The road to Field River was generally good but softer than before the fires. Trapping and Boom and Bust surveys were completed at Field River South and North (FRS and FRN). The highlights around camp were the renovation of the humpy shelter led by Tom and the installation of a spa led by Martin. Tom enjoyed some bumpy rides listening for signals from the predator collars but all was quiet on the western front. Bobby headed out for the usual moonlighting work of driving the spotlight surveys. All seemed to have enjoyed the experience and more cats and foxes were spotted than usual.
Other work carried out at the Field River included taking samples from several mallees – including digging up the below-ground lignotubers led by Rob (see section B). Ongoing Codonocarpus work was also completed; some of the latter had survived fires and were regenerating from the base of the plant. The grids trapped at Field River were FRS 2 and 3, and FRN 1 and 2.
With everything completed at Tobermorey, Dave’s crew was the first to travel back to Main Camp. While the other groups had enjoyed delicious water gushing forth freely from bores, scrubbing in showers and soaking in baths, this team had been on strictly limited water for their time away. On occasion, the reward for such grimy workers is a trip to swim at Pulchera waterhole, one of the jewels in the crown of Ethabuka. This was not to be; the team arrived to discover the waterhole was bone dry, cracked mud lining the spot where hundreds, thousands of waterbirds were flocking only months before. It was still a pleasant spot for afternoon tea, though the group had to make do with a quick wash from the tanks at Ethabuka homestead.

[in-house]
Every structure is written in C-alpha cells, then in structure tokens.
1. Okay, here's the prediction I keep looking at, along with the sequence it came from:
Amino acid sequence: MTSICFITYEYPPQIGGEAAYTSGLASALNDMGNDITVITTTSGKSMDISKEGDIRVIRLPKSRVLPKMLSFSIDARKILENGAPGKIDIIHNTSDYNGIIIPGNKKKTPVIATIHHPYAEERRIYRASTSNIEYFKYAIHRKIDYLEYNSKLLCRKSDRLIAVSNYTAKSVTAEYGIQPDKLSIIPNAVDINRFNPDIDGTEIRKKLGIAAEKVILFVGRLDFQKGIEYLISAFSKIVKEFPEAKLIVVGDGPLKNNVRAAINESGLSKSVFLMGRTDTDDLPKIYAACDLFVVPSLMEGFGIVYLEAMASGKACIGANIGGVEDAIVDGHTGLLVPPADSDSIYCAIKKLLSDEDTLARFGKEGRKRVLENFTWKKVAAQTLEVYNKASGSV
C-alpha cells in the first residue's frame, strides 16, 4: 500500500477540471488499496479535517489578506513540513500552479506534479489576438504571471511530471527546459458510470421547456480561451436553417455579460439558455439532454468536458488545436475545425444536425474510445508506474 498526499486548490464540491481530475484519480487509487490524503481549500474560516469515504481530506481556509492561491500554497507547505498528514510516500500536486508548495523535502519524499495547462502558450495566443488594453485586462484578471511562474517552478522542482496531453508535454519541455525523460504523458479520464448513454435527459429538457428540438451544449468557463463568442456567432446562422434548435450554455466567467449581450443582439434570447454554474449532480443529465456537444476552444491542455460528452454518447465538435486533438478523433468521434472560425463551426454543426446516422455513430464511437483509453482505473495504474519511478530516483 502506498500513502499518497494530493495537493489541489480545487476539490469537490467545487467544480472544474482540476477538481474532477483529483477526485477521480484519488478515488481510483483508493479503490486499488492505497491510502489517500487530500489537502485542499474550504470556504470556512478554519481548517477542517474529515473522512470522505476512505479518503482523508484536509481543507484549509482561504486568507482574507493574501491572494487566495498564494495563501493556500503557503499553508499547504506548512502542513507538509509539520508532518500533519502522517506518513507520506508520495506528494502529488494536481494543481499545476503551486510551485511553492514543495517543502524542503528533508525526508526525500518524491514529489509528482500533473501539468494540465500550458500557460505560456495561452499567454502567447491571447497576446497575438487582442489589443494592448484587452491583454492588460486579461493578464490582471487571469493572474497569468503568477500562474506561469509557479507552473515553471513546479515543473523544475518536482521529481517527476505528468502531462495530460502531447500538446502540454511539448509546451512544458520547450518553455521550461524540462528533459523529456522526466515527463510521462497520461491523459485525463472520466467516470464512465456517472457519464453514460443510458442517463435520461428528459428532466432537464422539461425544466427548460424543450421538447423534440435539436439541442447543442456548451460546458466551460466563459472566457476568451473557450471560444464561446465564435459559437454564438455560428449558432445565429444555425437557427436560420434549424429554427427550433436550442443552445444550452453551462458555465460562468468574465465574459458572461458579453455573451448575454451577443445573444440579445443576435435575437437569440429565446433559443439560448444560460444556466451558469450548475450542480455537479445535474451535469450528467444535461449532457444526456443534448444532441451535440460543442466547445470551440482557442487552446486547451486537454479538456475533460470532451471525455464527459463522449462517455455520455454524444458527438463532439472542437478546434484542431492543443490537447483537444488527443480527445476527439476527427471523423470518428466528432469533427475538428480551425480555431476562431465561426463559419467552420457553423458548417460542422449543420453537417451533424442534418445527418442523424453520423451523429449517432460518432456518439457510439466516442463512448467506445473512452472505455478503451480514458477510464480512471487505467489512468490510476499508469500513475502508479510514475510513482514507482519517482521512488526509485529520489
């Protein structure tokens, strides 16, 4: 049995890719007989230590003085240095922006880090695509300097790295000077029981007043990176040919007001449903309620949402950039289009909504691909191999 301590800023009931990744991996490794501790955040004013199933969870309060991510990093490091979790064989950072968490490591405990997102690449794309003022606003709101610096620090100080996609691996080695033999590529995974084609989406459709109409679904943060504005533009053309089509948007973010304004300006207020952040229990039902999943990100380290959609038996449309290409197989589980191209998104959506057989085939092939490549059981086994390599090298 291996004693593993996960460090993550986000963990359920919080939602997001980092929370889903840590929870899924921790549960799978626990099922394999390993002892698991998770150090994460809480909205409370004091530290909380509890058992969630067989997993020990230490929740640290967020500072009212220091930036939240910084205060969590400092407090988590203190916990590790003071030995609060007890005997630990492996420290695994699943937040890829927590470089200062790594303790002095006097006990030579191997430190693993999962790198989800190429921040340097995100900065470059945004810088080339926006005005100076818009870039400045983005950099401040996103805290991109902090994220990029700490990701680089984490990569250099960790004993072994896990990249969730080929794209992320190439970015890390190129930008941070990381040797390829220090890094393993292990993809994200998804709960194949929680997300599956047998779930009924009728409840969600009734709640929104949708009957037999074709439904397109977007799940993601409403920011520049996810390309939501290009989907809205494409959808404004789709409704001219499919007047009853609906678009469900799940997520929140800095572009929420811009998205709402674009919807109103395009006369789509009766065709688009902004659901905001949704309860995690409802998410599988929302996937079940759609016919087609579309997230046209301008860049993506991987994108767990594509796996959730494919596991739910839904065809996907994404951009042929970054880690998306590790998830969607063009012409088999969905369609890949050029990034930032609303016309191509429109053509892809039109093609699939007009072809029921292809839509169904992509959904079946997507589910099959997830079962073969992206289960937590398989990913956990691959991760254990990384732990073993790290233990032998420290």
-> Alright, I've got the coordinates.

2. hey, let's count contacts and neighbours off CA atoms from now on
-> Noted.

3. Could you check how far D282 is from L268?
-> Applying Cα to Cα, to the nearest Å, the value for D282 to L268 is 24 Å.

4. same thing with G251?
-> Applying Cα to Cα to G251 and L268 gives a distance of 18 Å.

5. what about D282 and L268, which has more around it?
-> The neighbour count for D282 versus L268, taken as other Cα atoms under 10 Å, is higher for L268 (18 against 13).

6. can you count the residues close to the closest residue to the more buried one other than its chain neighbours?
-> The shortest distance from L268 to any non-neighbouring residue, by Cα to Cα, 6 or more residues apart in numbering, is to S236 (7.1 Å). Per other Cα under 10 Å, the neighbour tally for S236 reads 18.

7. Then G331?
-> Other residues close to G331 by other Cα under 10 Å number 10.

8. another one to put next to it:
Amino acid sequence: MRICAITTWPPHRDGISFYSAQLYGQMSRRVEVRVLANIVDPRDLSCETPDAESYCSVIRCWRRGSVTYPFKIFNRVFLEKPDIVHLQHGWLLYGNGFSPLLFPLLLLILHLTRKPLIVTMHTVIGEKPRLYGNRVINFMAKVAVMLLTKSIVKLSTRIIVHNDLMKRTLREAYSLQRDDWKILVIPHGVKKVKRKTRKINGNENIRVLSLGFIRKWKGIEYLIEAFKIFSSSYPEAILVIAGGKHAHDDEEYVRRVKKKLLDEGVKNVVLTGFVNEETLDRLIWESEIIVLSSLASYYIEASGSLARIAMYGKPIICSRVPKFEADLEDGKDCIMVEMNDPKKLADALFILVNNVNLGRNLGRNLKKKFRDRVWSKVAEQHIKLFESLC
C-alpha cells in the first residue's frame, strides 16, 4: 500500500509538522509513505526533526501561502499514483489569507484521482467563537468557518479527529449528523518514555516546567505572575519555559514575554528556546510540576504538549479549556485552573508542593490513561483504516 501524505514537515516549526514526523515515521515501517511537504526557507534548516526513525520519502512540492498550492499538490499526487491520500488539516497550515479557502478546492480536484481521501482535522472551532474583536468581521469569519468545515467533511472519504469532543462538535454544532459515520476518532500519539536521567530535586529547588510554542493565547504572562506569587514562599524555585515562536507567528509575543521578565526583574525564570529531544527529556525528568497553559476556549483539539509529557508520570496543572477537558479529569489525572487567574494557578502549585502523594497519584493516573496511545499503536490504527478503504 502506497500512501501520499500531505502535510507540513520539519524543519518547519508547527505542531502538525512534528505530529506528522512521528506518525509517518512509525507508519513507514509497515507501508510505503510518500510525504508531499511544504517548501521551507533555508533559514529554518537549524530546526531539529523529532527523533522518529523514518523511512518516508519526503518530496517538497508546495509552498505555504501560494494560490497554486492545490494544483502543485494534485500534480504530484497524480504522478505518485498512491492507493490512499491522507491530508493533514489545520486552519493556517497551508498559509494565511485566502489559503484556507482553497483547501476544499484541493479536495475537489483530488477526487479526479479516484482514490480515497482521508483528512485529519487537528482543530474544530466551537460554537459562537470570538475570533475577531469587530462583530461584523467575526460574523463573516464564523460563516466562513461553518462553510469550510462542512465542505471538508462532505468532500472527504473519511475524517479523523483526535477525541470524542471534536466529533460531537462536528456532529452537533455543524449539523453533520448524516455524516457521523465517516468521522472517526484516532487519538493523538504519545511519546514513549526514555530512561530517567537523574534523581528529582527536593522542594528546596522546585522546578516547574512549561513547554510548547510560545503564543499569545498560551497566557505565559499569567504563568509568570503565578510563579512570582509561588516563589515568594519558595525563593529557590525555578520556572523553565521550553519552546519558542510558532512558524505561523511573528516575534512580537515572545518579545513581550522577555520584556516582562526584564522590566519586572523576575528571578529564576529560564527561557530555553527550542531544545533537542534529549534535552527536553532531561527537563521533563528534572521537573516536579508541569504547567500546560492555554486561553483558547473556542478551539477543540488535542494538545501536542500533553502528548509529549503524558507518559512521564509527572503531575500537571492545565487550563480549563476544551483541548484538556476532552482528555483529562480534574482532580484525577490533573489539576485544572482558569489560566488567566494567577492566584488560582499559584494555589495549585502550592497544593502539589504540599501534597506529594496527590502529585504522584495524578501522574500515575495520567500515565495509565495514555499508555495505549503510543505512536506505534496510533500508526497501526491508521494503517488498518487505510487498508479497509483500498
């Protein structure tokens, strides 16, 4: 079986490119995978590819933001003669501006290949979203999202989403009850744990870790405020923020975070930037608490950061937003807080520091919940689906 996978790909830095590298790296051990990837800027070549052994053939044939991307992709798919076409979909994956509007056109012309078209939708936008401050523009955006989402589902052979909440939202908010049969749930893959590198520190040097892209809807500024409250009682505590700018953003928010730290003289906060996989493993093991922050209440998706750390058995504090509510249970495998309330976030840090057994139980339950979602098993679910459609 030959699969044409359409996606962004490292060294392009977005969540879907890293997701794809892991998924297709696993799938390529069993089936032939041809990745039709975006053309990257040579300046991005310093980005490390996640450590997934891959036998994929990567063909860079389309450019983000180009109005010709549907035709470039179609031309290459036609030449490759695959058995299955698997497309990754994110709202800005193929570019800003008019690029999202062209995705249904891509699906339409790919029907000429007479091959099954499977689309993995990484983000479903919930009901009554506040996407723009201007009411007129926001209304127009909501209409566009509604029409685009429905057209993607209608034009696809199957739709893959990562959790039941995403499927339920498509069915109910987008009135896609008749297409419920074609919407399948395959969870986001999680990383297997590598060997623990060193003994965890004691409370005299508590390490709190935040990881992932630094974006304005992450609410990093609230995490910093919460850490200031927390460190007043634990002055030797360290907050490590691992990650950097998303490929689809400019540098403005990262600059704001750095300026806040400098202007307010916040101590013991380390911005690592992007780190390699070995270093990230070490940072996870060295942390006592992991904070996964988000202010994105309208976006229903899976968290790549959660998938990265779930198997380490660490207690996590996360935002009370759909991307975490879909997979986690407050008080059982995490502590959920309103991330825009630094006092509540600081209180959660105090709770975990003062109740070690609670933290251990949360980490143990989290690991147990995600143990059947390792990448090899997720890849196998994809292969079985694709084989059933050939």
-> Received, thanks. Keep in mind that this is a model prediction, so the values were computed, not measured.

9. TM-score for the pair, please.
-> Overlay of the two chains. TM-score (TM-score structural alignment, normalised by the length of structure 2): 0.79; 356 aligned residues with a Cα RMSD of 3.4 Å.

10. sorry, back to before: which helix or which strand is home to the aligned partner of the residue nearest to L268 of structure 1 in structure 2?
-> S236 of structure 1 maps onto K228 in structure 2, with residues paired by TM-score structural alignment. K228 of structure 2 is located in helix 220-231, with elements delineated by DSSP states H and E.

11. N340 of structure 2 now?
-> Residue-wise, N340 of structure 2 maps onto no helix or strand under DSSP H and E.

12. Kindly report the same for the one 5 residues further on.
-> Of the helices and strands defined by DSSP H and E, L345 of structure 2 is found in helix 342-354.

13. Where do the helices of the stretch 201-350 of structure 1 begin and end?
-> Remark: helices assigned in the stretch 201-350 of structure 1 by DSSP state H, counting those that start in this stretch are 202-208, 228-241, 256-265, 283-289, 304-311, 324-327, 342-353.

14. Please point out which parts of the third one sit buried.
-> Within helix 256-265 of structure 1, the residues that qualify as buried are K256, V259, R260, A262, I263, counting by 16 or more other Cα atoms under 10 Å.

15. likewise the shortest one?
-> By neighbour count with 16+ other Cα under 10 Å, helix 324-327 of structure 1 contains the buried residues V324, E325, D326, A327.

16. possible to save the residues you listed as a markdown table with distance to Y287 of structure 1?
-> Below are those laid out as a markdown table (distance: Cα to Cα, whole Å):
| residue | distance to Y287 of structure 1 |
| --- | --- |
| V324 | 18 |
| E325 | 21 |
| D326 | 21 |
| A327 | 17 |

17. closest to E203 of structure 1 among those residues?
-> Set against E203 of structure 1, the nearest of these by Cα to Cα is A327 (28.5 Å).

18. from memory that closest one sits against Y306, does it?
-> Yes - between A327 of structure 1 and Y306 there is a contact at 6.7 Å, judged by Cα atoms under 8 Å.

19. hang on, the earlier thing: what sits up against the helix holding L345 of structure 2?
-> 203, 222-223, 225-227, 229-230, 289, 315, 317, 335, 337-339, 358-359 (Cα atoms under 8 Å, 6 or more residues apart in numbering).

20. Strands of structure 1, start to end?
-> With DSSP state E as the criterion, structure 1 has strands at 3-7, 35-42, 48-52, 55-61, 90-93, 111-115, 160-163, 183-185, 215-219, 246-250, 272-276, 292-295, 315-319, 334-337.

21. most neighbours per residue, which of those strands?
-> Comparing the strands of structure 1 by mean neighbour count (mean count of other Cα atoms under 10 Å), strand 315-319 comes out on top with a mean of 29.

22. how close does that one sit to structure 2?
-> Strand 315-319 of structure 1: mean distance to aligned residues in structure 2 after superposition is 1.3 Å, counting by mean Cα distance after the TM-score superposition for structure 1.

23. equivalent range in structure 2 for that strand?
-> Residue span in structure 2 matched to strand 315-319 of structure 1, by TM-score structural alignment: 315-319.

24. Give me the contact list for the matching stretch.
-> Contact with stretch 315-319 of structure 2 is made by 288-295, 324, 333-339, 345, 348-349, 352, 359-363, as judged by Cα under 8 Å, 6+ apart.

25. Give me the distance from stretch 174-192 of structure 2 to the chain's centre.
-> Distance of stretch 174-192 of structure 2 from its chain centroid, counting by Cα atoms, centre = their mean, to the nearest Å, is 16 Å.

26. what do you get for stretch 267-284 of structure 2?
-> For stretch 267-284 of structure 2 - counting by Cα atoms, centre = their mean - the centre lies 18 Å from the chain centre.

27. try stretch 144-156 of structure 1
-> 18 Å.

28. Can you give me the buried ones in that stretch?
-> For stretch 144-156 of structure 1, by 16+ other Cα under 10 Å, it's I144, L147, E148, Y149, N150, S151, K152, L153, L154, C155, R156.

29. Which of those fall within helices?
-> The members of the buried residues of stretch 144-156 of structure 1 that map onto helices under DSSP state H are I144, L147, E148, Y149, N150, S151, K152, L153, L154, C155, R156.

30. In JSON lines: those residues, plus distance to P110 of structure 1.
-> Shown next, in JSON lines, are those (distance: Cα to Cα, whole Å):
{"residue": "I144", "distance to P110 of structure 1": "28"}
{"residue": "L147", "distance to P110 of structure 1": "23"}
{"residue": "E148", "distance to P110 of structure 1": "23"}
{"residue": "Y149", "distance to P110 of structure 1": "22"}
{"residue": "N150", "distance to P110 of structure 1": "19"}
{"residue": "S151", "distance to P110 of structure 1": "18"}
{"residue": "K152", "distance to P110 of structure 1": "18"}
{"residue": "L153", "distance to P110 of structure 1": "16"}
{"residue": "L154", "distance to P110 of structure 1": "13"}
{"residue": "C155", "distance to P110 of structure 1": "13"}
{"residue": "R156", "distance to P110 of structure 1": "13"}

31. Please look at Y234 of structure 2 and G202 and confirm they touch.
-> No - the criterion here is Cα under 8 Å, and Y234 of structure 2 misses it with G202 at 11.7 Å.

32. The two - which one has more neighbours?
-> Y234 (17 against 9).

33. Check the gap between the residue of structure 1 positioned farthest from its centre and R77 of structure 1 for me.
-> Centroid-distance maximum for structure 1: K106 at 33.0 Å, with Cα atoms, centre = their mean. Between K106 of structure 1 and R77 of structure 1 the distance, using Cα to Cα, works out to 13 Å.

With the Field River contingent back at Main Camp, the bulk of the work that remained was the NutNet fencing, nutrient distribution and data collection. The fencing crew acted as a well-oiled machine with four teams acting in concert: the picket driving team putting in the structural components to be followed up by the wire team, expert in the use of the mystical gripple tool, the netting crew – gate guys and clipper girls – and finally the wiring team making sure everything would stay put. Specialisation and coordination paid off, and the two sets of fences were erected by lunch time on the second day. The end result was certainly a sight to see. Lastly, data had to be gathered, nutrients had to be dispensed in exact quantities, soil cores taken and vegetation collected, all according to the NutNet protocols. These sites will now be sampled annually.
Other work worth mentioning included the mapping of the recent fire at Main Camp North, the introduction of new Reconyx cameras to replace the older models, scat searches and collections, downloading and checking all the weather stations and the collecting of seeds for the reference collection.
As usual, the showers at Bedourie were well used and some fresh food enjoyed before the group left the red sand and the star-bejewelled sky behind to travel back to their normal lives.